Yes, Pumpkin Is Good for You — But Watch Out for These Health Pitfalls
With October upon us, our national obsession with all things pumpkin is in full swing. All by itself, everyone’s favorite gourd is a nutritionist’s dream, packed with tons of nutrients. So it might seem like pulling every pumpkin cereal, ravioli, and baking mix off grocery shelves could be a good move for our health. But do we really reap the health benefits of pumpkin from these products as much as we think? It’s possible, but doing so may require paying a bit of extra attention.
Since it’s a vegetable, plain pumpkin certainly has plenty of nutrition to offer. One cup of pumpkin puree contains over 700 percent of your daily value of vitamin A, the nutrient associated with improved vision and a healthy immune system. (Incidentally, most yellow, orange, or red veggies tend to pack plenty of this vitamin, since it’s found in their pigmentation.) The same amount of puree boasts seven grams of fiber — nearly 30 percent of women’s daily target of 25 grams. In addition to helping along your digestive health, fiber keeps you fuller longer and can lower cholesterol. Pumpkin is also a source of potassium, iron, vitamin K, and vitamin C — all essential for good health.
Perhaps the best news is that all these nutrients come in a super low-calorie package. One cup of pumpkin has only about 83 calories. And while we’re pretty sure you’re not zoning in front of the TV spooning an entire cup of pumpkin into your mouth, it’s a helpful point of reference for home cooking and baking.
The amount of nutrition in a cup of pumpkin takes on new meaning, however, when you begin to consider how much pumpkin the average commercially prepared pumpkin-flavored food product contains… or how little.
Anyone remember the infamous “Pumpkin-Gate” of 2015, for example? A controversy erupted when food blogger Vani Hari (AKA “the Food Babe”) decried the fact that Starbucks’ Pumpkin Spice Latte contained no actual pumpkin. (At the time, the coffee giant was relying merely on “traditional fall spice flavors” to achieve PSL’s pumpkin-like taste.) Starbucks has since added pumpkin to the sauce used to make the drink — but exactly how much remains a mystery.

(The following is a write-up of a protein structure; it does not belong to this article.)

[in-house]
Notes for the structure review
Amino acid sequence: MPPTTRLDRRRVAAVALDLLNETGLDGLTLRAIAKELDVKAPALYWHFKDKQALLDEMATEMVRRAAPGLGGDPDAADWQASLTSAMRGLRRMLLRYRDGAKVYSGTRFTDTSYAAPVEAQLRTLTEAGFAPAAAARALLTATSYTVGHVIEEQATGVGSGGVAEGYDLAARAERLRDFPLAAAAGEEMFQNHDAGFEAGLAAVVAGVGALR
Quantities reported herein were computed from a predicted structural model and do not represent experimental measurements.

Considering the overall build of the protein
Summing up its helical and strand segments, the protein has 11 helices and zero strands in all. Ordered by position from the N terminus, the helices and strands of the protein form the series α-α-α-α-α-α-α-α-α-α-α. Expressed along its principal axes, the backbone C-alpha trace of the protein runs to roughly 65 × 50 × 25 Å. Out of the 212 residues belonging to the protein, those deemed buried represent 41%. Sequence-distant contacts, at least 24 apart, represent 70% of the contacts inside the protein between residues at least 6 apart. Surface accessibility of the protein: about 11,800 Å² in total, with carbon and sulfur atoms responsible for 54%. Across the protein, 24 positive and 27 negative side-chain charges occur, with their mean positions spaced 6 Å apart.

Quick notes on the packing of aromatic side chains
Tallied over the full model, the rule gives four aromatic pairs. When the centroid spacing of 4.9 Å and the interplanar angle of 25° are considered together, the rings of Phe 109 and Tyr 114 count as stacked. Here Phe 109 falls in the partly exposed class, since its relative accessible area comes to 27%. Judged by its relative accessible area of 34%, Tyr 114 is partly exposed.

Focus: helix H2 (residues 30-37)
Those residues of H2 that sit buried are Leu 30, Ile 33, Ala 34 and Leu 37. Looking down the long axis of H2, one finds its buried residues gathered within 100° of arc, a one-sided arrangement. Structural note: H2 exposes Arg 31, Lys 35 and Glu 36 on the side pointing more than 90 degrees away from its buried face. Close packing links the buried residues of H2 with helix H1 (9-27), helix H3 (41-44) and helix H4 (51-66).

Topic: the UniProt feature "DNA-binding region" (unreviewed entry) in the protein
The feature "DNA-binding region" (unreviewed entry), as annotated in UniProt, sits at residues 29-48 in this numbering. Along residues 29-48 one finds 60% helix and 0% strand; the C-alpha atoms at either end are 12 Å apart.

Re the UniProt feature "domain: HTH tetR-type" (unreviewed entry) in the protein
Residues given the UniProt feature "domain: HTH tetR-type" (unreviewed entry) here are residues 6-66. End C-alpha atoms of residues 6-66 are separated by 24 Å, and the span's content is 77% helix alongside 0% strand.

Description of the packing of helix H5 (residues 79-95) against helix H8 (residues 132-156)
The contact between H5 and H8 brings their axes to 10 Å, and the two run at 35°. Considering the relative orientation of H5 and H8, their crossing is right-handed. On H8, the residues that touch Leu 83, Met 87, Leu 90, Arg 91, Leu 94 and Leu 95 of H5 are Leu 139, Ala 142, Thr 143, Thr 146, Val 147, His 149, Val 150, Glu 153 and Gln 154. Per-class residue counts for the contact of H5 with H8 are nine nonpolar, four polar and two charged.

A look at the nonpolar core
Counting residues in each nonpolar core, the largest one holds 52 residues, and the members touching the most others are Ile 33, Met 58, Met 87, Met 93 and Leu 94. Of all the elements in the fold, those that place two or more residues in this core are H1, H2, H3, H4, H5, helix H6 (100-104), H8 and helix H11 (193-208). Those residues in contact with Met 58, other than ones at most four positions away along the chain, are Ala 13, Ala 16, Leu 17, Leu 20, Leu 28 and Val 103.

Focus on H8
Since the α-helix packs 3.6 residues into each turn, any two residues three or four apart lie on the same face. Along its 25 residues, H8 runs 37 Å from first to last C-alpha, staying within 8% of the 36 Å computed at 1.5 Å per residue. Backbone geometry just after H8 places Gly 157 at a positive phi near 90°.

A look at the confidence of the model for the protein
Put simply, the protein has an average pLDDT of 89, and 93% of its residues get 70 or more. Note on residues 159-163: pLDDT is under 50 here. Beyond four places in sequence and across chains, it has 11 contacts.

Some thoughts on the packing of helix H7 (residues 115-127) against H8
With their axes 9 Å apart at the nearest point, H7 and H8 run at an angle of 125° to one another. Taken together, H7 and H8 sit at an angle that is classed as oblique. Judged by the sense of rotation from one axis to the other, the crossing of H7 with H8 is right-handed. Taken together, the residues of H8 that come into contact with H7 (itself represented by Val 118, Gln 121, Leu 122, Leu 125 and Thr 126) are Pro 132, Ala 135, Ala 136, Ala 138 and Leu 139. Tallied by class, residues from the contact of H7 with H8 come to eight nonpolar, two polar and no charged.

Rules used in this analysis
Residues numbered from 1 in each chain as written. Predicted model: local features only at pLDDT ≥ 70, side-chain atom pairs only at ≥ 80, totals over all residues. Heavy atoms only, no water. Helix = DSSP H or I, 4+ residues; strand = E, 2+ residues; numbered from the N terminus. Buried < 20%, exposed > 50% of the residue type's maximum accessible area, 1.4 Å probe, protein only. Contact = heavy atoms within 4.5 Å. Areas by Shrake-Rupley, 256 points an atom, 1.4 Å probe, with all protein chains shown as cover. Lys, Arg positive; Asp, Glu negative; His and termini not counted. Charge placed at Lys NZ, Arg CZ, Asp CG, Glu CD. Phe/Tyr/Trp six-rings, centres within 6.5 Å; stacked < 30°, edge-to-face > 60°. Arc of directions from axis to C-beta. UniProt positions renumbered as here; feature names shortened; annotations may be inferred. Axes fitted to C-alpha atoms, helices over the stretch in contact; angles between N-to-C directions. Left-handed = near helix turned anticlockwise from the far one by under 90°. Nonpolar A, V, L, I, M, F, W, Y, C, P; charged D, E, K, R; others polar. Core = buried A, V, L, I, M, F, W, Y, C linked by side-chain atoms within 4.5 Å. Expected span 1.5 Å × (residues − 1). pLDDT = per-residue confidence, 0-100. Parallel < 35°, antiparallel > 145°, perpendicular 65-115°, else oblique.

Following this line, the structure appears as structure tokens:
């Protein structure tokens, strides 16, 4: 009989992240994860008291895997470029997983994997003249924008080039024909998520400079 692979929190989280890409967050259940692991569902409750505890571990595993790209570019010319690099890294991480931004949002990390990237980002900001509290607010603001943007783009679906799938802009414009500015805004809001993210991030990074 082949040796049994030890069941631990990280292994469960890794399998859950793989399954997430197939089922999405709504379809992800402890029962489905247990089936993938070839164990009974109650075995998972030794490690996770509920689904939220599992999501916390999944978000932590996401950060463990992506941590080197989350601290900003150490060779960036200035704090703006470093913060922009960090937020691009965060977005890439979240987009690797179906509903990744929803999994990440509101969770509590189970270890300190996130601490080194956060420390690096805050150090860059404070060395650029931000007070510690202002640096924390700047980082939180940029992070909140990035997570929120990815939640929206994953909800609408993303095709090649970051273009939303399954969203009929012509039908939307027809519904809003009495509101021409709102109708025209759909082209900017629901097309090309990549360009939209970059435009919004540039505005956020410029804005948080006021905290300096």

On the subject of fake pumpkin foods, we can’t point the finger just at coffee drinks. Numerous other pumpkin-flavored products may or may not really have pumpkin in them — or if they do, the amount could be negligible enough to not provide any measurable health benefits. Diligent label reading (or internet sleuthing) may be the most reliable means of discovering whether your favorite pumpkin product offers any seasonal nutrition along with its seasonal flavor.
While you have your pumpkin-flavored food turned on its side to search its ingredient list, stay there awhile to check for a few other potential red flags. Since pumpkin all by its lonesome tastes — let’s be honest — like bland baby food, it usually requires a bit of tinkering to turn it into the flavor we know and love. (We get it. Again, who wants to eat the stuff straight from the can?) For your health, though, it’s best to keep some added ingredients to a minimum. Here are some nutrition pitfalls to check labels for:
1. Sugar: You can’t have sweet pumpkin treats like cookies, candies, or ice cream without sugar, but how much sugar do these products really need? (And how much do you?) Scanning labels for grams of sugar per serving can help you determine if a food is worth the indulgence. The American Heart Association recommends eating no more than 25 grams of added sugar per day. Gradually, as a new update to labeling laws takes effect, more labels will list “added sugars” as their own category, making this even easier to check.
2. Sodium: Pumpkin doesn’t always have to be sweet. Plenty of savory recipes hit the spot with this fall favorite. Just be wary of excess sodium in foods like pumpkin soups, pumpkin trail mix, or even baked goods. Numerous public health authorities set a daily goal of 2,300 mg of sodium.
3. Artificial Colors: Up until its 2015 exposé, the PSL may not have had any pumpkin, but it did contain something a lot less desirable: artificial coloring. Thankfully, this has been removed from the drink, but many other food companies continue to doctor their products with artificial colors like red and yellow dyes, which may be carcinogenic. Look for the words “red” or “yellow” followed by a number on ingredient lists.
4. Fat: Since the vitamin A in pumpkin is fat-soluble (meaning the body can only absorb it when fat is present), you do actually want some fat mixed in with your orange goodies. It’s all a matter of how much, and what kind. The main fat to keep an eye on is the saturated variety. Though research continues to explore the ideal amount of saturated fat in our daily diet, the 2015-2020 Dietary Guidelines for Americans recommend keeping your consumption to less than 10 percent of daily calories (about 22 grams a day in a 2,000 calorie diet).
As far as nutrition goes, eating pumpkin in its whole-food form is best, but when a pumpkin-flavored food product is calling your name, keep these pointers in mind.
What’s your favorite pumpkin-flavored food? Tweet us at @BritandCo.
(Photo via Getty)